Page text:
Autonomous exploration and mapping of complex 3D environments by means of a 6DOF manipulator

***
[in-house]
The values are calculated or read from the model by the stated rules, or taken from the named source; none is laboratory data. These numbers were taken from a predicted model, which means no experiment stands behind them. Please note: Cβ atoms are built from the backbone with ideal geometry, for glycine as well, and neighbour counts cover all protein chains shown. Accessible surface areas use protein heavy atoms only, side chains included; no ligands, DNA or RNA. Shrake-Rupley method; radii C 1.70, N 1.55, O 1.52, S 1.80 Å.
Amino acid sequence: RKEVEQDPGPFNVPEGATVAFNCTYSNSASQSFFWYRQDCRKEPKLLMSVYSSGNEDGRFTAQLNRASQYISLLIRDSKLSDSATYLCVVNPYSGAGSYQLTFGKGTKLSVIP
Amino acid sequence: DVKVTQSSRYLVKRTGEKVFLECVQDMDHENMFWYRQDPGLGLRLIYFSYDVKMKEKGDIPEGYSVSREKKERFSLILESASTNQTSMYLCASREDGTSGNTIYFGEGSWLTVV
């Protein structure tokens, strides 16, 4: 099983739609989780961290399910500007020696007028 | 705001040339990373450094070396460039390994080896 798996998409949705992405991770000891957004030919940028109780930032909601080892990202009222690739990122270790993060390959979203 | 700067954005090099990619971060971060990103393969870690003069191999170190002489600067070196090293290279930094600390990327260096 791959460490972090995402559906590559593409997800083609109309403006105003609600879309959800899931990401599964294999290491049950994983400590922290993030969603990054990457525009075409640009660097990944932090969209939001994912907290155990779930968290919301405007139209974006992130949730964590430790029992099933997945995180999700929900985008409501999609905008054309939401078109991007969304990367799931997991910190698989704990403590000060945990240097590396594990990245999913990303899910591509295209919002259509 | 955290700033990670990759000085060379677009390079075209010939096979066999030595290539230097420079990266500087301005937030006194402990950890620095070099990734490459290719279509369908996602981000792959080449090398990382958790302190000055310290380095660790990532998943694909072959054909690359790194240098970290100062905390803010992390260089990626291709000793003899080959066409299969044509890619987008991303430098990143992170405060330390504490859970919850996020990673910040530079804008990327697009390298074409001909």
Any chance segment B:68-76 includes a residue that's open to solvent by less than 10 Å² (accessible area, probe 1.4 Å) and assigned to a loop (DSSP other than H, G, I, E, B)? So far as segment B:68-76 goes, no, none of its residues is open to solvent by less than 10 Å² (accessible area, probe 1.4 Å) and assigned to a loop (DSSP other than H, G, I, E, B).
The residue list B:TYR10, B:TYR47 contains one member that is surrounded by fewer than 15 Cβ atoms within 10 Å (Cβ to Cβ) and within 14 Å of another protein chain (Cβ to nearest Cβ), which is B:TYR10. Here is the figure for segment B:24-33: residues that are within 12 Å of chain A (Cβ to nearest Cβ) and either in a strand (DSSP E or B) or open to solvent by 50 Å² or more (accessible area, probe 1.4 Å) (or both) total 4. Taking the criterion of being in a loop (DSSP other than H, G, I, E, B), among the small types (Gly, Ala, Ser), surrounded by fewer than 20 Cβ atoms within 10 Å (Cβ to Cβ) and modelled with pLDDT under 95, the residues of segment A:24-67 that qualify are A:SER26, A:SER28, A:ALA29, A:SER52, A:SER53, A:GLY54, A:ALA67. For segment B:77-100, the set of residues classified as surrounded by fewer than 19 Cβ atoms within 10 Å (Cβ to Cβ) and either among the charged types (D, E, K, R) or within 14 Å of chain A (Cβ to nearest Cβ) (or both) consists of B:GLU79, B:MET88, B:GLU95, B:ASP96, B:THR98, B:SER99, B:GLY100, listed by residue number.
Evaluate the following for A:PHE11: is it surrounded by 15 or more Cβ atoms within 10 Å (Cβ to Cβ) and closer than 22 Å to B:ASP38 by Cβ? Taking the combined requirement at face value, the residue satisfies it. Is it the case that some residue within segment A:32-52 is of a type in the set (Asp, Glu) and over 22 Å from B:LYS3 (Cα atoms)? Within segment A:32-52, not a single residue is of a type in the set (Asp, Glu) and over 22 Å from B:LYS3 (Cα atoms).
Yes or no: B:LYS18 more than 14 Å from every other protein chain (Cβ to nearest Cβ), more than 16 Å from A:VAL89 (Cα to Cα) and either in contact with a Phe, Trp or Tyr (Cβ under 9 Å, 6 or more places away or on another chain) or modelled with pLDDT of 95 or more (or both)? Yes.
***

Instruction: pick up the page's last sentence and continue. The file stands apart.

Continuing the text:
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The futuristic vision of industrial robotic systems that operate in complex, unstructured and diverse environments is beginning to become a reality due to the advances in computing, sensing and control. Automatically acquiring the structure and the properties of an environment in a timely manner is one of the key tasks that need to be accomplished in many field robotics applications. This thesis presents a novel and efficient approach to the exploration of three-dimensional (3D) environments using an industrial robot manipulator. The approach presented combines the objectives of 3D map building and surface material- type identifcation. The manipulator is manoeuvred through a sequence of viewpoints that are selected to maximise the quality of the map generated, minimise the time taken for the exploration, as well as minimise the uncertainty of the surface material type estimation, all whilst avoiding potential collisions between the manipulator and the environment. The thesis first focuses on acquiring the geometry of surfaces in the environment while exploring the industrial robot manipulator's collision-free configuration space. Ellipsoidal virtual bounding fields are positioned around the manipulator's links so that distance queries can be performed and collisions with obstacles in the environment or unexplored space are avoided. Information theory is used to measure the information remaining on the geometric map and the manipulator's configuration space. A sampling strategy is used to select candidate viewpoints which are predicted to reduce the information remaining to measure. Each viewpoint enables the manipulator to position and orientate a sensor so that environment data can be gathered. The candidate viewpoint solutions can then be ranked based upon the exploration objectives. The collected sensor data is fused into a map. The map is then segmented into groups of Scale-Like Discs (SLDs), which are generated via principal component analysis. Once the surface geometry becomes available, a strategy is required to maximise the accuracy of the surface material-type identification. Surface material-type identification is made possible through intensity measurements, which indicate the refl ectivity of the surface when illuminated by an infra-red laser. Thus, identification is significantly infl uenced by the relative geometry between the sensor and the surface to be identified. Information theory is used again to determine surfaces which have not had their surface material- type identified. Appropriate viewpoints facilitating accurate identification are selected by solving an optimisation problem using the Levenberg-Marquardt algorithm. This two-stage exploration approach is shown to successfully determine viewpoints enabling an accurate environmental map to be generated. The proposed algorithms and approaches are integrated into the system, Autonomous eXploration to Build A Map (AXBAM). Extensive experimental studies have been conducted on a complex steel bridge structure using a Denso industrial robot that has been equipped with a laser range finding sensor. These experimental studies demonstrate the efficacy of the AXBAM system.
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